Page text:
Thomas Lowry was one of the most influential and admired men in Minneapolis at the time of his death in 1909. Streetcars, railroads, libraries, and many other endeavors benefited from his involvement.
Thomas Lowry was born on February 27, 1843, on a small farm in Logan County, Illinois. He spent his childhood there, attending country schools. At age seventeen, he left home to study at Lombard University in Galesburg, Illinois, but he had to leave the college at age twenty because of tuberculosis.
Lowry spent a year traveling along the Missouri River before returning to Illinois to finish his education. He read law at the office of Judge John C. Bagby in Rushville, and after passing the bar in 1867, Lowry left Illinois for Minneapolis. He arrived in the city in July with few possessions and little money, but his fortunes quickly improved.
Within two years he entered into a law partnership with Austin H. Young, who became Judge of the Court of Common Pleas for Hennepin County in 1871. Around the same time, Lowry married Beatrice Goodrich and began investing in real estate. He guessed correctly that Minneapolis was a growing community and that land would become valuable.
Gradually Lowry’s business shifted from law to real estate investments. During the 1870s, more than one-third of the property that is now Minneapolis passed through Lowry’s hands. He built his family’s home in the Minneapolis neighborhood still known as Lowry Hill, then at the edge of the city.
Lowry became interested in streetcars as a way to drive the development of his outlying real estate holdings. In 1875, he became part of the revived Minneapolis Street Railway Company along with Colonel William S. King and out-of-state investors. King ran the company at first, but in 1878, Lowry became president. He held the position for the rest of his life and made the streetcar company his primary business.
Lowry led Minneapolis Street Railway Company through the boom years of the 1880s and the rough times following the Panic of 1893. The company, which merged with the Lowry-controlled St. Paul City Railway Company in 1891, finally became profitable in the twentieth century as Twin City Rapid Transit Company. Lowry almost went bankrupt in the process, but he kept the company afloat and growing through personal charm and an international network of contacts and investors.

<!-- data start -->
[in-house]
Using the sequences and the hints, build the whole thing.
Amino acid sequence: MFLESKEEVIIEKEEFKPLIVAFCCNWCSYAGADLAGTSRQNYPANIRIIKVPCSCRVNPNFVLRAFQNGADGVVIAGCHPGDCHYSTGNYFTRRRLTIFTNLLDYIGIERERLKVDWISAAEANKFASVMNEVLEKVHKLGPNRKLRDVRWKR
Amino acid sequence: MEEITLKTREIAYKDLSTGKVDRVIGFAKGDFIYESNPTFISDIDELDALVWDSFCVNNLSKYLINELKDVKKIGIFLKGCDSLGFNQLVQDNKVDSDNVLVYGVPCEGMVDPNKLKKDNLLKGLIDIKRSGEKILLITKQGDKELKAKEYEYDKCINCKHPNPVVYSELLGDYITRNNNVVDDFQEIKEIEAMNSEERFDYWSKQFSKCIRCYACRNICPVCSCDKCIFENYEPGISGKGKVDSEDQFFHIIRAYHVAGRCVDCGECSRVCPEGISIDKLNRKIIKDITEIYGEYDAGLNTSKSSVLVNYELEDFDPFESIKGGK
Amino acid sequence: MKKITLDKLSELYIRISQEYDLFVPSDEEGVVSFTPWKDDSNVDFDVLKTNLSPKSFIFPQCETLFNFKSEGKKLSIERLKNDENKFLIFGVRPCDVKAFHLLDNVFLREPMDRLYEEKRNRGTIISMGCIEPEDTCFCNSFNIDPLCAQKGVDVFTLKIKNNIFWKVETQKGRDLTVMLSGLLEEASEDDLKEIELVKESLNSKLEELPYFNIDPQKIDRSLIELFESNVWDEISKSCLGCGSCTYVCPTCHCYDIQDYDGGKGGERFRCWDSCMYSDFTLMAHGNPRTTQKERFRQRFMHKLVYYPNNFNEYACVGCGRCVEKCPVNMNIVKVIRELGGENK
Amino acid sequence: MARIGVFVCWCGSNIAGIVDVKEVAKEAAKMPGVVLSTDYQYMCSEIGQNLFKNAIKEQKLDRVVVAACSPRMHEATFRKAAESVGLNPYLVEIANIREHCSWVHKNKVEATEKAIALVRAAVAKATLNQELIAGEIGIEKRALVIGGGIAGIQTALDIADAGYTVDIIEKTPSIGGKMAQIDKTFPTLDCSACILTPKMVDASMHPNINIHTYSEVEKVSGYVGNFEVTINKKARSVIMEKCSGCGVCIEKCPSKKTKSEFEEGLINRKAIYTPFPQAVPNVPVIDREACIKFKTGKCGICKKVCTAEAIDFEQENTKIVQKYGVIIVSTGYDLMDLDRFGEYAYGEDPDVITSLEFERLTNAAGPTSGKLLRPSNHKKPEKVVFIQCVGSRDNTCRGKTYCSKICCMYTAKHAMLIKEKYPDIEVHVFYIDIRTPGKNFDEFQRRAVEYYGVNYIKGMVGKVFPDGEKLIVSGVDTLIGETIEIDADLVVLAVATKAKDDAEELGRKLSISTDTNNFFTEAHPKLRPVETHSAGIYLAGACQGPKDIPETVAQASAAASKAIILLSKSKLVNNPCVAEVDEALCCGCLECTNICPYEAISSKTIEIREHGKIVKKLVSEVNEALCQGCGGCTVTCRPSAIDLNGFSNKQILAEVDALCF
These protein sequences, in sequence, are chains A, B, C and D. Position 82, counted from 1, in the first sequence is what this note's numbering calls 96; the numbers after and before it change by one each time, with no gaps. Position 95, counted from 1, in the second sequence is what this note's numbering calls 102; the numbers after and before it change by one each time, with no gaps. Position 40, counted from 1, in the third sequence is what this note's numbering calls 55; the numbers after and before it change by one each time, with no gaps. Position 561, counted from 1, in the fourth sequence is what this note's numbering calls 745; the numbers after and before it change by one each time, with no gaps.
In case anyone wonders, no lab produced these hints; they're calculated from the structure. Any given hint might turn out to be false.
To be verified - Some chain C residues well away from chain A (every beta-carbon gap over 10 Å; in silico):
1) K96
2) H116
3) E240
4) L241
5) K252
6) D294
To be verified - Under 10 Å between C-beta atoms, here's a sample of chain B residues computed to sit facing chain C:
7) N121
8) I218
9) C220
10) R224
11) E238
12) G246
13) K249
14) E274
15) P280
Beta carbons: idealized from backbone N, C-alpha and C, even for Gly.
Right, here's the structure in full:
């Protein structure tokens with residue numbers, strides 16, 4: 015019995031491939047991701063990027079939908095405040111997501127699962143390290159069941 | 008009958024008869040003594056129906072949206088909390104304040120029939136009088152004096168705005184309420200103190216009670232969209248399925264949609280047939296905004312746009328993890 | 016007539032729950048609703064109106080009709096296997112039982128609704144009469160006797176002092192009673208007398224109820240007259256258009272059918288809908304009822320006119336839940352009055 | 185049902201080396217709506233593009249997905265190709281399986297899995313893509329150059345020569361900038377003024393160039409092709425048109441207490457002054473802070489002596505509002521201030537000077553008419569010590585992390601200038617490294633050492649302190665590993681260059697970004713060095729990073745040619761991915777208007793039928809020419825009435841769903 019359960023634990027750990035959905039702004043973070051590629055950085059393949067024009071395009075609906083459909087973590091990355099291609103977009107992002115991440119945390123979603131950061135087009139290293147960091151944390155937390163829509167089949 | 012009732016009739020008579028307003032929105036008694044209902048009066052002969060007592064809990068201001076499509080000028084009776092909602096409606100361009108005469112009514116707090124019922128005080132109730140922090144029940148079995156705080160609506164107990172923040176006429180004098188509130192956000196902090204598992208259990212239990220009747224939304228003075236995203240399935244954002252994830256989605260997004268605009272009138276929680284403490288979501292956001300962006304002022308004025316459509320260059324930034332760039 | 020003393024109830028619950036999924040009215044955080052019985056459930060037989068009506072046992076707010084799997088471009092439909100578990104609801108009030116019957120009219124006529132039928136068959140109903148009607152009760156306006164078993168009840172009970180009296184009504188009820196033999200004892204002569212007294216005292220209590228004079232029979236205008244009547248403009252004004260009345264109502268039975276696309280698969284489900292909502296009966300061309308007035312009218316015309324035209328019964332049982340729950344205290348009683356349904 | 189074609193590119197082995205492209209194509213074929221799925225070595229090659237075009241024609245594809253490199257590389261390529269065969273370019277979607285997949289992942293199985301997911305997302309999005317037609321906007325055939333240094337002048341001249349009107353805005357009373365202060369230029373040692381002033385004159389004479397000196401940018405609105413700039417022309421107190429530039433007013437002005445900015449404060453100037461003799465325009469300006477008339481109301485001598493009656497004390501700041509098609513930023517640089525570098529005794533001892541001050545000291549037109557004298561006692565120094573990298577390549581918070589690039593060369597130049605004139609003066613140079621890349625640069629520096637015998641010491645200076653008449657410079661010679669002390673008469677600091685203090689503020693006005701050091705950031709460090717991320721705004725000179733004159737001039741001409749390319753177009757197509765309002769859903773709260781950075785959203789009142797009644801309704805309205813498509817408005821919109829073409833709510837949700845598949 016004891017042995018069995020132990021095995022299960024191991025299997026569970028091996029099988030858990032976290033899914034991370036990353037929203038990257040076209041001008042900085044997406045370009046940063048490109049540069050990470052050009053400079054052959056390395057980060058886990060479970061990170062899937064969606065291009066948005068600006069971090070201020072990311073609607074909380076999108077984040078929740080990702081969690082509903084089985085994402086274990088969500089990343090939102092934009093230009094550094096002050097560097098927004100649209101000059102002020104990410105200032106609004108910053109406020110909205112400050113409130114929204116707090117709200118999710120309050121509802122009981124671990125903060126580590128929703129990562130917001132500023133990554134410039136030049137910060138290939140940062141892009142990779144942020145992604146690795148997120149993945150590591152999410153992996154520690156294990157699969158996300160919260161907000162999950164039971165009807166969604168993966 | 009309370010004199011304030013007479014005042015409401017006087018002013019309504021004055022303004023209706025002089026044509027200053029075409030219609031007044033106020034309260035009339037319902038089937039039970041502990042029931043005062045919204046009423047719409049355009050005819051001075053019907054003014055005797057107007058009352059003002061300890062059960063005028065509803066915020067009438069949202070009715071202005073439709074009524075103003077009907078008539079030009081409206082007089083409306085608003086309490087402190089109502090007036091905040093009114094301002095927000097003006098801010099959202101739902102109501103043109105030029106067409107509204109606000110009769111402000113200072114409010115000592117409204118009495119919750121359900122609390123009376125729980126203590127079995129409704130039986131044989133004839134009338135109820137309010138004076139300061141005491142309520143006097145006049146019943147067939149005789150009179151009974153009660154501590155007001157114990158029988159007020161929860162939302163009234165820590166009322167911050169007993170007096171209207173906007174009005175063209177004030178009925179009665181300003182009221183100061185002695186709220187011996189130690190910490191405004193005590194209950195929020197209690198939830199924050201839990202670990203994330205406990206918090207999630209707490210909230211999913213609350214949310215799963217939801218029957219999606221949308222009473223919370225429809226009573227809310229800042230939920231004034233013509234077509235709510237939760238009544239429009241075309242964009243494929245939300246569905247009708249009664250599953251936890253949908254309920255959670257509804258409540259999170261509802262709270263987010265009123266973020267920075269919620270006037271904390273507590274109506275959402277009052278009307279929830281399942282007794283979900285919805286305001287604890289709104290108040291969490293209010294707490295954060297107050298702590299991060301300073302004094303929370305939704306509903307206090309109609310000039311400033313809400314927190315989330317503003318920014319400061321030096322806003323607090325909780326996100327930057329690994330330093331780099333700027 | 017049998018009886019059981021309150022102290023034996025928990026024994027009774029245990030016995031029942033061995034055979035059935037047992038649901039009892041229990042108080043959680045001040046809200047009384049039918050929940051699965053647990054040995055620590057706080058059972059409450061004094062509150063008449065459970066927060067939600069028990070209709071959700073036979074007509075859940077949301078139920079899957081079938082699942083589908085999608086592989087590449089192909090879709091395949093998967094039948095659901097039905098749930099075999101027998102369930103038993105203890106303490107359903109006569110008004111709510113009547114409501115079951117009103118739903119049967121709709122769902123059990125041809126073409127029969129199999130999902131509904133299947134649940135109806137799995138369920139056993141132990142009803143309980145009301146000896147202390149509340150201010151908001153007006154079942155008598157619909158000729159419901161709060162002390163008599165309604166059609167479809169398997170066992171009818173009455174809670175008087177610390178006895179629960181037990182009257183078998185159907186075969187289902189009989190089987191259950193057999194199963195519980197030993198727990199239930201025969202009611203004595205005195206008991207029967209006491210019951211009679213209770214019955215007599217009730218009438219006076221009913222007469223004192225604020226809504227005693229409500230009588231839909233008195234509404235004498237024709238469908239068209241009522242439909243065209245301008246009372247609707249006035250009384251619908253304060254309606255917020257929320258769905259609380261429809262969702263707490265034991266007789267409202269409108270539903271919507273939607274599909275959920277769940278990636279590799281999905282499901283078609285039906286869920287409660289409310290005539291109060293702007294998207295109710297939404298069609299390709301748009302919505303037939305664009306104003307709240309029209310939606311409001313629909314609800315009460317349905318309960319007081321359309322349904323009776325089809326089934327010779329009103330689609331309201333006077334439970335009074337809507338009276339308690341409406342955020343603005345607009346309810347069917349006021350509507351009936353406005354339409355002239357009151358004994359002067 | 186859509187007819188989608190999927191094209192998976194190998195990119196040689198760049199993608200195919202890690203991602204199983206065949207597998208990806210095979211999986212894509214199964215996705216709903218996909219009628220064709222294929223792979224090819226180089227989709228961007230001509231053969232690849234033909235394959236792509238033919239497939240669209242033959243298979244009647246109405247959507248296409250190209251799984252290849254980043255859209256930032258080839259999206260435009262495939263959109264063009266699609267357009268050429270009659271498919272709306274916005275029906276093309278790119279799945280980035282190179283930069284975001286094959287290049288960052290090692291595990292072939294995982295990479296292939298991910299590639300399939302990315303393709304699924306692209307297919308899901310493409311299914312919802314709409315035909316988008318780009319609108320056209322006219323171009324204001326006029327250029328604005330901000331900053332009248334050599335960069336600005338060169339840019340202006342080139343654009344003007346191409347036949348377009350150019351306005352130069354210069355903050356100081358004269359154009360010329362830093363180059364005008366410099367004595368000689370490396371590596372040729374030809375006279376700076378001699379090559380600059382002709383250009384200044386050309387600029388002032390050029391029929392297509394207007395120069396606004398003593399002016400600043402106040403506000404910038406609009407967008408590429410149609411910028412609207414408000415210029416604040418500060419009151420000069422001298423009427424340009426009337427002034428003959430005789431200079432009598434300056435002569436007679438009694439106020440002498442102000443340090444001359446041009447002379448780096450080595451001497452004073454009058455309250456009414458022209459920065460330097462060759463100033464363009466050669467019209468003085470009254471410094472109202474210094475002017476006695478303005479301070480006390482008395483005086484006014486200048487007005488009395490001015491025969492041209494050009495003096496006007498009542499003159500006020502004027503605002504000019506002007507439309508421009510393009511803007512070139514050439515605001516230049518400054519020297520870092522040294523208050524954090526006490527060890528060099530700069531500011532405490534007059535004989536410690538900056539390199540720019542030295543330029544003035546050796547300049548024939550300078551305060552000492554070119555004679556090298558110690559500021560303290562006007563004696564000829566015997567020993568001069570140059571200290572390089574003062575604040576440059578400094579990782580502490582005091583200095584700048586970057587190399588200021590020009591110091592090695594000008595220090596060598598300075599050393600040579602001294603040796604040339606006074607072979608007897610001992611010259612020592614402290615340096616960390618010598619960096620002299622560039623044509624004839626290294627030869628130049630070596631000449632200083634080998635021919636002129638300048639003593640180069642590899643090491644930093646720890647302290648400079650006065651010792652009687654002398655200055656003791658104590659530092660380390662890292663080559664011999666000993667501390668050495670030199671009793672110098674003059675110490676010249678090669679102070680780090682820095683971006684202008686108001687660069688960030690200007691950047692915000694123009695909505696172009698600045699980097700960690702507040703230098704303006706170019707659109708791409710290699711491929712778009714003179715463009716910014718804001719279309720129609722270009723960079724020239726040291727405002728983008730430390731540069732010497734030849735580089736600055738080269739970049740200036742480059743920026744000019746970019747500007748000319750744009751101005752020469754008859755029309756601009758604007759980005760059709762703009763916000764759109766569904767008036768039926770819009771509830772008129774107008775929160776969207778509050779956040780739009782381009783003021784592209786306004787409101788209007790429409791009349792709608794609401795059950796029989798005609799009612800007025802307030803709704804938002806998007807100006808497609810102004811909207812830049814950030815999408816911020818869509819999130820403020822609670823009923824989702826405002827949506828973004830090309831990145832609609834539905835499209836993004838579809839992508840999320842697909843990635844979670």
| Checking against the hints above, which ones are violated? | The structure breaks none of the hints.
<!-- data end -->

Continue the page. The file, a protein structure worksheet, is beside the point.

Lowry was an unfailing booster of Minneapolis. In addition to his streetcar business, he was a founding member and later president of the Minneapolis, St. Paul and Sault Ste. Marie Railroad Company, better known as the Soo Line Railway. He worked with William de la Barre and Charles Alfred Pillsbury on the Lower Dam Hydro Plant, just below St. Anthony Falls, and his Twin City Rapid Transit Company used all the power the plant produced as soon as it was finished in 1897.
Lowry helped get the West Hotel built, and he was instrumental in bringing the Republican National Convention of 1892 to Minneapolis. He was a founding member of the Minneapolis Library Board and a sponsor of the city’s 1887 Industrial Exposition. He also donated large tracts of land to the city for public parks. On January 11, 1892, Lowry’s contemporaries honored him with a public banquet at the West Hotel, in recognition of all he had done for the region.
During the last four years of his life, Lowry again battled tuberculosis. He gradually withdrew from public life and spent the winter months in Arizona and Texas for his health. He died at home on February 4, 1909, with his wife and two of his three children in attendance. His passing made front page news in the local papers and many columns were dedicated to remembrances of him.
In 1915, a memorial with a life-size bronze statue of Lowry was created by sculptor Karl Bitter. It was erected at the intersection of Hennepin and Lyndale avenues. With the construction of I-94 in 1966, the memorial was moved a few blocks to 24th Street and Hennepin Avenue.
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